Thu Oct 18, 2012 11:22 am
It’s raining so I’m inside looking at bills and cost of operation and decided to vent a little if someone cares.
I had to purchase a very expensive tire for a large piece of equipment recently. I tried to shop locally and prices weren’t what I thought they should be so I reluctantly went to the web and big tire shops in the closest major city. The best price I could find was for a known brand (named USA brand) shipped directly from New York to my house. I hated to buy away from the local people, but the difference was almost $500.00.
When the tire arrive and after inspection I found made in China on it. Of course many things went through my mind plus a telephone call to the manufacture because this was not disclosed on the sale. They said all the big equipment tires are made in China and have been for some time. I guess I’m in my little cocoon and don’t get out that often but it’s hard to believe that a tire made that for away and be transported here cheaper than it could have been made in this country.
Also I’ve read the most American made (U.S./Canadian parts) cars now mostly go to a non USA company(s) for 2012.
I’m not trying to be political; I’m one that believes our President(s) now or four years ago has never had the power to change this; only large corporations are doing what is profitable for them and what shakes out is what it is.
What I see is; large named USA corporations moving from the U.S. saying we aren’t friendly to them because of taxes, unions, EPA restrictions and ect. then, move to a county paying people next to nothing and sell goods back to us at a large profit. Privately/public owned corporations should have and can do what it takes to make a profit and in my (Joe six pack) mind that’s justifiable until you look at Germany.
Germany labor force is mostly unionized ,wages are very good, Germany provides universal medical coverage, Germany is very green EPA wise, German retirement age is 65 unless you are disabled, German pension system is very close to the U.S. and at the same time Germany is the third most powerful economy in the world with a unemployment rate at 6.8%! I’m not trying to say Germany’s way of doing things is superior but what I’m looking at is; an industrialized country with large corporations that has available benefits to its citizens/workers and supposedly that's why the U.S. companies are moving away because they say they are threaten by the cost of these things in the U.S. Maybe someone with more of an intellectual background than I have can explain that. (That won’t take much)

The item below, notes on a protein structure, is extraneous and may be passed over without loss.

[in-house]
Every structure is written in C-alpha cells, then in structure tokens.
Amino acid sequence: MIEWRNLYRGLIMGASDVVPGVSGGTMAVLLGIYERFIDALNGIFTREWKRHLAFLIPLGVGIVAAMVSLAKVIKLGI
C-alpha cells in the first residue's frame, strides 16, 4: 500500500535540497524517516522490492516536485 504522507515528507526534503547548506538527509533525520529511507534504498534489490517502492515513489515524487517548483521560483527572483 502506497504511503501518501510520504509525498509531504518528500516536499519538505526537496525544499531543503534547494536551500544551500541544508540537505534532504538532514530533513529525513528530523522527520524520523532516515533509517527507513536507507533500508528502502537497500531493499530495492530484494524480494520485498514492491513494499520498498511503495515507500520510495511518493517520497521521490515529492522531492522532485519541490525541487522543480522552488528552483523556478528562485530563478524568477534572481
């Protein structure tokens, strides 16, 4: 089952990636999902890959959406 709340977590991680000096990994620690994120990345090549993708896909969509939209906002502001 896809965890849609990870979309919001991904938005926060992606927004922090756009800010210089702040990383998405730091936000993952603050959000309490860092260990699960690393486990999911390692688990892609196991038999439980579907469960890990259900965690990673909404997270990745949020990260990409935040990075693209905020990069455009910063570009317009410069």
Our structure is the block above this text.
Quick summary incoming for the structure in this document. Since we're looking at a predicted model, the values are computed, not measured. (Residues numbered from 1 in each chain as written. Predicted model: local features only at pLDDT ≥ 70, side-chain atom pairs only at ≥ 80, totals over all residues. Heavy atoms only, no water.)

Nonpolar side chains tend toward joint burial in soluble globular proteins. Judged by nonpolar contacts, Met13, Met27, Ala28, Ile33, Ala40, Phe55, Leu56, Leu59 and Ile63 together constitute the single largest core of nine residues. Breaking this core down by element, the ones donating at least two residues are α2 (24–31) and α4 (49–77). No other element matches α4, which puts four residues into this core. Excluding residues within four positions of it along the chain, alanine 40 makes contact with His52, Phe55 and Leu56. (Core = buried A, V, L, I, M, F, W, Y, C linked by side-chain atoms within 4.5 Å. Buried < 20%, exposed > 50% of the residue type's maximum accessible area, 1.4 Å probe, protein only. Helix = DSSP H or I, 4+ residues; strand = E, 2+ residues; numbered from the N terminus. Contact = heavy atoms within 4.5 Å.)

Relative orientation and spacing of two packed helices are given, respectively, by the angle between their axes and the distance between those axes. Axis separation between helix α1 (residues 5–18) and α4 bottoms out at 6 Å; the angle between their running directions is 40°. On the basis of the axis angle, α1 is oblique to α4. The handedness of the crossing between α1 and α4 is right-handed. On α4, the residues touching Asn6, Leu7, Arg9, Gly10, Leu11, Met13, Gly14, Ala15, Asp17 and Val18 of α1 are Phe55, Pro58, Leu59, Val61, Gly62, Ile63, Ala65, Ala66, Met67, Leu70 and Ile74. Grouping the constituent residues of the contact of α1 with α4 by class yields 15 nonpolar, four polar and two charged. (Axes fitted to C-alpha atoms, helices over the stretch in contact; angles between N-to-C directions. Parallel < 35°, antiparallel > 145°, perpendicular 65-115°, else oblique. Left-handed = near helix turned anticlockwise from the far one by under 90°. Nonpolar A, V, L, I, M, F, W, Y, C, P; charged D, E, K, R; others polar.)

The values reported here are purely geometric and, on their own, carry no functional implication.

I can understand why companies go to China, India and ect. because of cheap labor right or wrong on their part. How can corporations stay in Germany and be happy and not in the U.S.?
The tire… It’s staying. I guess unknowingly I added to China’s economy and put another U.S. worker out of work.
I own a few things that are truly USA made that’s soon becoming a rarity.
Change and Adjustment…It’s Hard ….
Thu Oct 18, 2012 12:39 pm
US companies moving off shore. Overseas labor rates are a major concern. US tax laws are certainly a large part of the problem. Most very large US corporations are actually international.
US corporations with overseas operations get taxed in the country of origin and where the product is sold. If the profits made in a foreign county are brought back to the US, that money is again taxed at the US rate. Nominally 35%, the highest rate in the industrialized world.
From a personal perspective, I own stock in a dividend paying foreign coffee company. When the company pays a dividend the company has already paid local taxes on the profit, then I get taxed again on the dividend when the funds are transferred to the US. And I still have to pay state and federal income tax on the money.
Not to prolong the discussion, the US tax laws need a major over haul. Congress is the responsible, unresponsive, government agency. One more thing that needs to be changed is The Federal Register. The Federal Register is where Federal departments put rules and regulations into effect. Most of which are never looked at by members of Congress.
Thu Oct 18, 2012 1:58 pm
I see it like this:
First 1/3 of my life: Go to New Bedford, Fall River, Providence, really almost any U.S. city, factories are busy, there's a hum of activity. Memories of WWII are fresh and we almost never buy foreign products.
2nd third of my life: Those factory workers are doing good, high wages and benefits, 6+ weeks vacation, holidays paid, life is good. Hey did you hear that plant is shutting down? Did you notice that foreign cars are lasting longer and are more economical to drive?